In a time when lying seems to matter less than it used to, when truth is questioned, when history is turned on its ear, it’s no wonder that Holocaust denial is emerging from the dung heap, brushing itself off and continuing to go about its evil business.
Holocaust denial – the odious suggestion that the Holocaust was made up, that world Jewry created this fiction to secure monetary reparations from Germany to help establish the State of Israel – is a malevolent lie that’s been perpetrated by neo-Nazis and other assorted anti-Semites.
Yet, like a blood stain on a white garment, it’s hard to erase. In every generation, the lie resurfaces. New and better methods must be found to rid us of this malicious virus.
Last year, Holocaust historian Prof. Deborah Lipstadt’s seminal work on Holocaust denial was transformed from a book onto the big screen. Denial documents the trial of David Irving, a British Holocaust denier who brought a libel suit against Lipstadt.
The movie captured the essence of Lipstadt’s book with both urgency and grace. One would have hoped the effort to prove the authenticity of truth would now lay to rest the evil of denial. And yet, we know that just around the corner lurks the anti-Semitic serpent ready to spew its poison.
Thus, the recently opened exhibition The Evidence Room in Toronto’s Royal Ontario Museum (June 25, 2017 – Jan. 28, 2018) is so vitally important. And once again, as in the movie Denial, Canadian academic and forensic architect Robert Jan van Pelt’s work on the historicity of the largest and most efficient death camp ever, Auschwitz, turns evil and truth into reality. (Full disclosure: I sit on the advisory council of this exhibit).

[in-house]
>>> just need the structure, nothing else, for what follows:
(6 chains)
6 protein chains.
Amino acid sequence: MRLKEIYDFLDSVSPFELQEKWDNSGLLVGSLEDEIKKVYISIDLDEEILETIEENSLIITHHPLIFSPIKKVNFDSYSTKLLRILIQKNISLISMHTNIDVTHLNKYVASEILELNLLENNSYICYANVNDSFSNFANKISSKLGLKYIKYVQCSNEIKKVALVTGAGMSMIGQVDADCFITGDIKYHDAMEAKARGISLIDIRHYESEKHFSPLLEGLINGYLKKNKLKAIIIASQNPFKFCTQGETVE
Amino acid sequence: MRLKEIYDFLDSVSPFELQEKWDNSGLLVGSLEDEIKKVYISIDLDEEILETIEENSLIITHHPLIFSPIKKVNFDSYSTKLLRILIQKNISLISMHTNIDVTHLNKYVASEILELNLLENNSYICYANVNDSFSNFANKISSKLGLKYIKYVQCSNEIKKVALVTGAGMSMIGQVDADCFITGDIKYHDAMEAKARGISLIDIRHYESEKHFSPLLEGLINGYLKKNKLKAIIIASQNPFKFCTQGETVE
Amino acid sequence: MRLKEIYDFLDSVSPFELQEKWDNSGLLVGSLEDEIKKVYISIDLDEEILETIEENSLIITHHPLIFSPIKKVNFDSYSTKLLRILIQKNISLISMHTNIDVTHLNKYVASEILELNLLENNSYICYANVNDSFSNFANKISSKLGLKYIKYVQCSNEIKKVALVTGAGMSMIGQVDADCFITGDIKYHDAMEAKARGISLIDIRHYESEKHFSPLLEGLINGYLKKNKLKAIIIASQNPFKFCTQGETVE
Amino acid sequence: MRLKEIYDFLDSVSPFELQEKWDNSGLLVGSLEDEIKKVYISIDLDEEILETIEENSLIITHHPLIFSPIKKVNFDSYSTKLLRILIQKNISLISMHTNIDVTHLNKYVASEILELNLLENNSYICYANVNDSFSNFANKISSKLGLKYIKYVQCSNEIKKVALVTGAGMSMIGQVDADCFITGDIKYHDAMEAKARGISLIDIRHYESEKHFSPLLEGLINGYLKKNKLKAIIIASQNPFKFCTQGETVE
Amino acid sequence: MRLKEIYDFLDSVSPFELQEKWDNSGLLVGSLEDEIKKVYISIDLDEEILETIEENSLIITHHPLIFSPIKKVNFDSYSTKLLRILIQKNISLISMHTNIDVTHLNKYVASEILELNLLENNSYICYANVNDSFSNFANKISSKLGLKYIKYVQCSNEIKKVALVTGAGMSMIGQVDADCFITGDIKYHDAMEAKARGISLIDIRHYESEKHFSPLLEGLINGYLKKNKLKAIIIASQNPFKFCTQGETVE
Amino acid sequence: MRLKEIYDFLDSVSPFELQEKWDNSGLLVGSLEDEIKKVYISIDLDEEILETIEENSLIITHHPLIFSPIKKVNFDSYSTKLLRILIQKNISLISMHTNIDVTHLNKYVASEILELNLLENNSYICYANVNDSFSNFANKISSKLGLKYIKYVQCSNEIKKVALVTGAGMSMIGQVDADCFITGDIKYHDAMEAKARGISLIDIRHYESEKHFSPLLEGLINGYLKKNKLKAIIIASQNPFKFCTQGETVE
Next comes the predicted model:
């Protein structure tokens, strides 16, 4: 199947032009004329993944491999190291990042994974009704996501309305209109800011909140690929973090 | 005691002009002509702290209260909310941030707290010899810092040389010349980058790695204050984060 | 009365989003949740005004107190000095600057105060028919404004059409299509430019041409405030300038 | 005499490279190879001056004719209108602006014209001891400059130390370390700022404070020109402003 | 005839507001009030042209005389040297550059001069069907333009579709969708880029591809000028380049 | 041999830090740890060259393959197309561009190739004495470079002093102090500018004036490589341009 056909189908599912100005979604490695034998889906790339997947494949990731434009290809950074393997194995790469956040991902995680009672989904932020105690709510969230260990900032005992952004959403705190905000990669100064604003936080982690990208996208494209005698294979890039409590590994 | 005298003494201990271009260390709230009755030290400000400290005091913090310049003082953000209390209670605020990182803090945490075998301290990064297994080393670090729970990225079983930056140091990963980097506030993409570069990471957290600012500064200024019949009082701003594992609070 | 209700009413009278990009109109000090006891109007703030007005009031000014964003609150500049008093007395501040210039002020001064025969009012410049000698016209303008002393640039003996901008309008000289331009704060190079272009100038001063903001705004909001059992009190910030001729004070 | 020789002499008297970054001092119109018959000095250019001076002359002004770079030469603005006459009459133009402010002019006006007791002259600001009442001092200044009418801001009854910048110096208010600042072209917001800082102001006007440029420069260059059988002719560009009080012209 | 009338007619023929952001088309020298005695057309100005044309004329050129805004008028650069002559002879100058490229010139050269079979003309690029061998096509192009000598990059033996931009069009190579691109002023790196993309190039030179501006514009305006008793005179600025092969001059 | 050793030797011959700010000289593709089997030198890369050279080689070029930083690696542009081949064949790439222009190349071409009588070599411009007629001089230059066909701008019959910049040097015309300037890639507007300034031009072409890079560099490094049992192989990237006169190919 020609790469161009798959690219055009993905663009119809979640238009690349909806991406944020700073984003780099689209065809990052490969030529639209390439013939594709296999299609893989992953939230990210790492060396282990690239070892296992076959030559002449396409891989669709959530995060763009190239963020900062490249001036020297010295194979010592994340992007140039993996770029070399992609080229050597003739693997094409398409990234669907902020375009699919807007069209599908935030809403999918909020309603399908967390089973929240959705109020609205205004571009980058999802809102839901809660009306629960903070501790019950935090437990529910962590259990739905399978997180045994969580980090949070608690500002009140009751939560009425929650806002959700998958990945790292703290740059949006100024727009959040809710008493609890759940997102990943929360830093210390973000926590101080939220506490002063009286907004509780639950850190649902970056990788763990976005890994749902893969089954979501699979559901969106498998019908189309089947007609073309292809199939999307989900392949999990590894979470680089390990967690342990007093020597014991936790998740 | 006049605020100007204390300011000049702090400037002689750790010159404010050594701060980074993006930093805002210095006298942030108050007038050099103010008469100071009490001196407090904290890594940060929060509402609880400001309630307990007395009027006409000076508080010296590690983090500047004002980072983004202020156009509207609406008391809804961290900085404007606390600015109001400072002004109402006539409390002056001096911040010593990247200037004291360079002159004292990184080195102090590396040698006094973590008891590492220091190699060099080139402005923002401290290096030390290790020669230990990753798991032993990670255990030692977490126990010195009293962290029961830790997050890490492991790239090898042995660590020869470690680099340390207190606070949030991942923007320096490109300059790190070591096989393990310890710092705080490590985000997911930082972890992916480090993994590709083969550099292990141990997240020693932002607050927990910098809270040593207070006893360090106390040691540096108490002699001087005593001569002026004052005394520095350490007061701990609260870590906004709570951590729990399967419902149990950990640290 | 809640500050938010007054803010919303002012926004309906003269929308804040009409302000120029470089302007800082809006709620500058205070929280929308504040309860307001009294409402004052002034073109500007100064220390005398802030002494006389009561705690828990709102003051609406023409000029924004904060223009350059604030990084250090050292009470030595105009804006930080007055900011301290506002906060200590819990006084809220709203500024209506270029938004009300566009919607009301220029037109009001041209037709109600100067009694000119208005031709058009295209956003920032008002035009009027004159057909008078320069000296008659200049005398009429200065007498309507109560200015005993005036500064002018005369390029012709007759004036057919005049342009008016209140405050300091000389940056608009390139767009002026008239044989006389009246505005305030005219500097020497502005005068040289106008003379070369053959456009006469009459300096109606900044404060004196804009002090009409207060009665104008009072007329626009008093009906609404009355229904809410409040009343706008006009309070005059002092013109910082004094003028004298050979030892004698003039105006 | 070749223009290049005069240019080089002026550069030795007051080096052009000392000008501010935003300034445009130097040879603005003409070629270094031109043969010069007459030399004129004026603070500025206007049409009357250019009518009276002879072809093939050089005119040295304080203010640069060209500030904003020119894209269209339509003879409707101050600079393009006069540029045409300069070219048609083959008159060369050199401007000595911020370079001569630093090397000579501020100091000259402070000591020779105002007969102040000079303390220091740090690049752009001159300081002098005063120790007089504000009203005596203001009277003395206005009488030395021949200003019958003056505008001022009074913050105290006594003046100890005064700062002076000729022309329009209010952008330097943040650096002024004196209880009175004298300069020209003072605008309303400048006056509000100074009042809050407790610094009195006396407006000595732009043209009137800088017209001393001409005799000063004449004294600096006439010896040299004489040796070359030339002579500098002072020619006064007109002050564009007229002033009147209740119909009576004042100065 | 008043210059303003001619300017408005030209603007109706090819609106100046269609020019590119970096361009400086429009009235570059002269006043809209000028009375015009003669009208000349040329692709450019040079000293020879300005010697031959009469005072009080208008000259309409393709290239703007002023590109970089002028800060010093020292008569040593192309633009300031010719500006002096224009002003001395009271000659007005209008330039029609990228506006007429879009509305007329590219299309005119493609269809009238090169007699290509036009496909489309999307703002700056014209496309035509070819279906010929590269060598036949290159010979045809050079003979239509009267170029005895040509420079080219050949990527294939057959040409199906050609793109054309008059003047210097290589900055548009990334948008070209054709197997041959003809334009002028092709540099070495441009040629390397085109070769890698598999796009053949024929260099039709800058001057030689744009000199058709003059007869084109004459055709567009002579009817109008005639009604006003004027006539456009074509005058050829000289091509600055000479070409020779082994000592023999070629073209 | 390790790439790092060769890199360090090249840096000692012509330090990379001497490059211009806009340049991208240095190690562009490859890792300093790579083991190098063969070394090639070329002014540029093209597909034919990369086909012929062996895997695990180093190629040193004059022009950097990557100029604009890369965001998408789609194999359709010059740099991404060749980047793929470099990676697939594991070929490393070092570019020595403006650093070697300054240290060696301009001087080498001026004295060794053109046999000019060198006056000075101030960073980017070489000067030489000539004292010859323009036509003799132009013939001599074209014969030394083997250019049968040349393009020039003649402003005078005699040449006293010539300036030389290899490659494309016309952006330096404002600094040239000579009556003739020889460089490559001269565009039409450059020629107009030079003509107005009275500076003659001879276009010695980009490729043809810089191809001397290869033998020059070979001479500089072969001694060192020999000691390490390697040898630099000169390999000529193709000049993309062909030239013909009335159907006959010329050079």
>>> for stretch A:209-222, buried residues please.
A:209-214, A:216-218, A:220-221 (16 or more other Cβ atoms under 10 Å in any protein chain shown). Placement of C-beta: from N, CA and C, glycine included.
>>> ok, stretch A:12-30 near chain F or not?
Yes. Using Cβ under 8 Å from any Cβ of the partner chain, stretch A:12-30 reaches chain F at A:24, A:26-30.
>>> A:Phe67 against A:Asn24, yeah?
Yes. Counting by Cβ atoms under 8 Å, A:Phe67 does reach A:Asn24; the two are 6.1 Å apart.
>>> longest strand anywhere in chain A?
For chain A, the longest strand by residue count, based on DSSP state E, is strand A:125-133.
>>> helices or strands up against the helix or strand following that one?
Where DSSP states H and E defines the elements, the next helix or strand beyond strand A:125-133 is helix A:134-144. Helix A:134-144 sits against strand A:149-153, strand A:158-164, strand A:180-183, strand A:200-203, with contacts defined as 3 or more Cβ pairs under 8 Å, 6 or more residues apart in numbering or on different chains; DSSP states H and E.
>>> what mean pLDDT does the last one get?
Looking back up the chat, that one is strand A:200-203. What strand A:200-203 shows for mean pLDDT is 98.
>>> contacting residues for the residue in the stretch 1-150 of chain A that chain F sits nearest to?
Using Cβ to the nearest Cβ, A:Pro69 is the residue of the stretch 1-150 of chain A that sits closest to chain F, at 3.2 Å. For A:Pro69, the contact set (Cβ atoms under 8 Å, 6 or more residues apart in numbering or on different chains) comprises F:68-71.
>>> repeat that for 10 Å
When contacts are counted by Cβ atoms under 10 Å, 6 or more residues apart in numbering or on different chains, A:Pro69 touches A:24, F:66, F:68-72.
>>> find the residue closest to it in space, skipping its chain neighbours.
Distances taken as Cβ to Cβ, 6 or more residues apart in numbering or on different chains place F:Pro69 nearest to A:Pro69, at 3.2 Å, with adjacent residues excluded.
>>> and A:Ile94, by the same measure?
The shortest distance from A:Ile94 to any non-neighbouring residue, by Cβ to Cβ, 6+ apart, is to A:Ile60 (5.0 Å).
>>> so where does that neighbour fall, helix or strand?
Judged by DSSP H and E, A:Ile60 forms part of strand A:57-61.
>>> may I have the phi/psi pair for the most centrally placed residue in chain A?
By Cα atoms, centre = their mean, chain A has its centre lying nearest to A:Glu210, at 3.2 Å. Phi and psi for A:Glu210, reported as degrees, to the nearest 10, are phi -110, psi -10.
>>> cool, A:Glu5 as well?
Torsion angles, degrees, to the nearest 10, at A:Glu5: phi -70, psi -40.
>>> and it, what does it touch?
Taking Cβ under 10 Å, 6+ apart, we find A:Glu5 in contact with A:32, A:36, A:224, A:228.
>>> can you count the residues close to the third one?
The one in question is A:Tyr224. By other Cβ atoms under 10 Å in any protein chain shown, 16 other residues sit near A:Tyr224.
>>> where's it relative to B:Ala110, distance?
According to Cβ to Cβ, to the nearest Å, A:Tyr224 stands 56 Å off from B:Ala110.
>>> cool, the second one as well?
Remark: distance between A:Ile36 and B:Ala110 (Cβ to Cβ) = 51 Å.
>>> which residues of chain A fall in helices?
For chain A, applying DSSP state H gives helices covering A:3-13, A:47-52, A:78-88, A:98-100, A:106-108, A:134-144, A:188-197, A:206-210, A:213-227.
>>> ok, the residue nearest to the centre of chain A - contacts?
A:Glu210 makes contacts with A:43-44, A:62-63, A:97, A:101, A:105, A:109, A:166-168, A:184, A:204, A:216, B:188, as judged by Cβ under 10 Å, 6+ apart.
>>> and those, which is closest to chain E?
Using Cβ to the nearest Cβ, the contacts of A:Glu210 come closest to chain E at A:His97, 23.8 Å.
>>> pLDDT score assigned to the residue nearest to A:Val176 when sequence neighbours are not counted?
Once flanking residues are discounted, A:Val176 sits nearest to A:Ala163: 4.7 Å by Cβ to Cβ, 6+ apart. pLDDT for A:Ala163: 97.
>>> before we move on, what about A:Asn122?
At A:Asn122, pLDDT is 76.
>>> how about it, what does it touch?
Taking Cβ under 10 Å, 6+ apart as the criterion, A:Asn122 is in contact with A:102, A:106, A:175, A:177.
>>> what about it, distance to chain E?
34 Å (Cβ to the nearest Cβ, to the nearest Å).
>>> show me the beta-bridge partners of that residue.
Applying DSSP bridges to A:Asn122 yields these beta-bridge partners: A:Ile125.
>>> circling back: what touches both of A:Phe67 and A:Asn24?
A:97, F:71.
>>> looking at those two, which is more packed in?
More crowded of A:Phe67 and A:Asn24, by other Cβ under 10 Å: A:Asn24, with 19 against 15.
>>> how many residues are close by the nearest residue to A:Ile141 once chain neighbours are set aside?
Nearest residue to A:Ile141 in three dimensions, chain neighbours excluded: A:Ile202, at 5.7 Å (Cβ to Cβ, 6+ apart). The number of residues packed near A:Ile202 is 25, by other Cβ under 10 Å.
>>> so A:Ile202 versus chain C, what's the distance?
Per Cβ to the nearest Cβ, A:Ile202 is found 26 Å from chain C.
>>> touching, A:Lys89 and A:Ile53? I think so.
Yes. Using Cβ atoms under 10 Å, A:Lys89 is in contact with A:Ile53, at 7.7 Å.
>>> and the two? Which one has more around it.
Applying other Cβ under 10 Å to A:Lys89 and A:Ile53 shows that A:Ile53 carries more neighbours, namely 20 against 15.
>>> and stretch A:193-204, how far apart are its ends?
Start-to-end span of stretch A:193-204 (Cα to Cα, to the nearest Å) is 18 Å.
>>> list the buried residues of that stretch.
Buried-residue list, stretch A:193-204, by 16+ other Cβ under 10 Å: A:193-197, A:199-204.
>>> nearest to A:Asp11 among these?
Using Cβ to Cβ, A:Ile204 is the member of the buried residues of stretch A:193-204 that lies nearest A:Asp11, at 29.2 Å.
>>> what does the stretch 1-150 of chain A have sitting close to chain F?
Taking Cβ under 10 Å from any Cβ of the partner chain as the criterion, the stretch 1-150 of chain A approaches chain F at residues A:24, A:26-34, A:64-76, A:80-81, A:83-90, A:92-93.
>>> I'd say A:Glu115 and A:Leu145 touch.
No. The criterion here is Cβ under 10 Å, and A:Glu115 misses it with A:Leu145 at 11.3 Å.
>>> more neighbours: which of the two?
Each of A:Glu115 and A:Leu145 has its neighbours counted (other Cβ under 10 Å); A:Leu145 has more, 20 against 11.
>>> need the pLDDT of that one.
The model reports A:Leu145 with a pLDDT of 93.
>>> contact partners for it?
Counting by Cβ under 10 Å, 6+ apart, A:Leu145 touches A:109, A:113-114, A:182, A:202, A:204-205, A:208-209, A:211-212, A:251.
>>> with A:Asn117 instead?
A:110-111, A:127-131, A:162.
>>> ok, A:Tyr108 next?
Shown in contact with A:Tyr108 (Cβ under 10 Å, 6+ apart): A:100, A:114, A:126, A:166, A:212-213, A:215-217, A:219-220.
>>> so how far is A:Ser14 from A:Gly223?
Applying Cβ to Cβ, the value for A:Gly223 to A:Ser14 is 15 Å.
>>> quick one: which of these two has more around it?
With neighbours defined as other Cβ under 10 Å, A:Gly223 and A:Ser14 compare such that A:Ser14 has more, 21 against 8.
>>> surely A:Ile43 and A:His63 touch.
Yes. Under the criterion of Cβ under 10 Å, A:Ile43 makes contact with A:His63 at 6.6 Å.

Van Pelt takes his original written work documented as an expert witness in the Irving trial on the design, construction and workings of the notorious Auschwitz death camp to the next level. Along with Donald McKay and Anne Bordeleau, academic colleagues from the University of Waterloo, a concept was developed wherein the team built, as Van Pelt explains, “a replica of a Zyklon-B gas column, a gas-tight door with a peephole and other replicas of evidence of the genocidal purpose of the Auschwitz gas chambers and ovens.” Thus were the seeds of The Evidence Room planted.
‘The exhibit is an indictment of the architects whose designs enabled the machinery of mass murder’
This exhibit is like none before. It speaks in an unprecedented way of the role played by architects of the Nazi Third Reich in the murder factory that was Auschwitz. Actual size reconstructions, reproductions in plaster cast relief of architectural drawings, architects’ correspondence, death camp construction photographs, along with drawings from inmates of Auschwitz-Birkenau, were all meticulously created and presented as part of this stark and captivating exhibit. The entire display is in white. When finally built, it opened at the prestigious Venice Biennale in May 2016.
By the time it was all done, there were dozens of architects, historians, museum professionals, Holocaust survivors and others who played a role in its creation. Different from a movie or theatre, this exhibit allows visitors to not only see Hitler’s madness up close and personal, but it also allows visitors to feel the construction of death. Visiting The Evidence Room, you can actually touch the gas columns, the gas-tight door and the other instruments of genocide.
Elly Gotz, himself a Holocaust survivor and a professional engineer saw an early version of the project. He was stunned.
“By removing colour, sound and interpretation from The Evidence Room, we are forced to rely on touch to elicit meaning. Most people are by now aware of the Holocaust. It is possible to know things, to be aware of them, but not to feel them. This exhibition lets people touch the metal of the gas column, run their fingers over the drawings and connect in that mysterious way that sometimes happens when reality overwhelms us by becoming part of us.”
Many played their role in the genocide of our people. The Evidence Room is an indictment of the architects whose designs enabled the machinery of mass murder.